NOAA warns of "unprecedented flood season" across U.S.
The U.S. is likely to see "historic, widespread flooding" through May, according to the National Oceanic and Atmospheric Association's spring outlook.
What they're saying: "The extensive flooding we've seen in the past two weeks will continue through May and become more dire and may be exacerbated in the coming weeks as the water flows downstream. This is shaping up to be a potentially unprecedented flood season, with more than 200 million people at risk for flooding in their communities," writes Ed Clark, the director of NOAA's National Water Center.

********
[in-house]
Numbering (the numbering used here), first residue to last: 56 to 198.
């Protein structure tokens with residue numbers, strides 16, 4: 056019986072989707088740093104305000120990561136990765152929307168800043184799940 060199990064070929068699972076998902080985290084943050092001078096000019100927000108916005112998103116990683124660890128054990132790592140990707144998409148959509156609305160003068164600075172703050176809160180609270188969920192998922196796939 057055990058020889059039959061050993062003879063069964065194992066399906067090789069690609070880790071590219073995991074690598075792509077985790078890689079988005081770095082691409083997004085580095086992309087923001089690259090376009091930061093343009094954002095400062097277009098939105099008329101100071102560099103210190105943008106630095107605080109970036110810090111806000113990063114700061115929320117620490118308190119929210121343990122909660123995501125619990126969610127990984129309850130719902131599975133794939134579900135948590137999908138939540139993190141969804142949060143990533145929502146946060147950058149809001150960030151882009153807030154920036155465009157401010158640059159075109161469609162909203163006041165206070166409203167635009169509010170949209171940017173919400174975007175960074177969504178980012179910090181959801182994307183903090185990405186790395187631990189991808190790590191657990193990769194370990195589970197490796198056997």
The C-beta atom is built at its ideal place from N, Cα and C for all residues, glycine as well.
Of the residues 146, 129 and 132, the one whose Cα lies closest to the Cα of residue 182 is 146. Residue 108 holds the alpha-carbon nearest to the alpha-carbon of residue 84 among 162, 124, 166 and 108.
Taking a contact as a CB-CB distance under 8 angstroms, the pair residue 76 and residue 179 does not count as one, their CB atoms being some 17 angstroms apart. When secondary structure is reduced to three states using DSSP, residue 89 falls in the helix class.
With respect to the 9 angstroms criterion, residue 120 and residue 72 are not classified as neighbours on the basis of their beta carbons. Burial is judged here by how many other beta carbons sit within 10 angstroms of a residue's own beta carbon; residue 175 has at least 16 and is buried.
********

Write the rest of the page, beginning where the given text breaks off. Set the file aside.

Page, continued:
The big picture: The Midwest has already seen record-breaking flooding due to rapid snow melts and heavy spring rains. And with more rain and snowmelt on the way as the seasons turn, NOAA warns that "the flood threat will become worse and geographically more widespread."
- Across the Plains, major rivers, like the Missouri and Platte, are hitting levels that are historically unprecedented, and the old records are being exceeded by several feet, which is an unusually high margin for such milestones.
- Axios science editor Andrew Freedman notes that the current batch of flooding across the Midwest is already a billion-dollar disaster, according to insurance experts.
- Farmers in the region are fearing for their livelihoods after because the ongoing disaster could cause a $400 million hit to the state's livestock sector as they are cut off from their cattle herds — and the supplies necessary to care for them.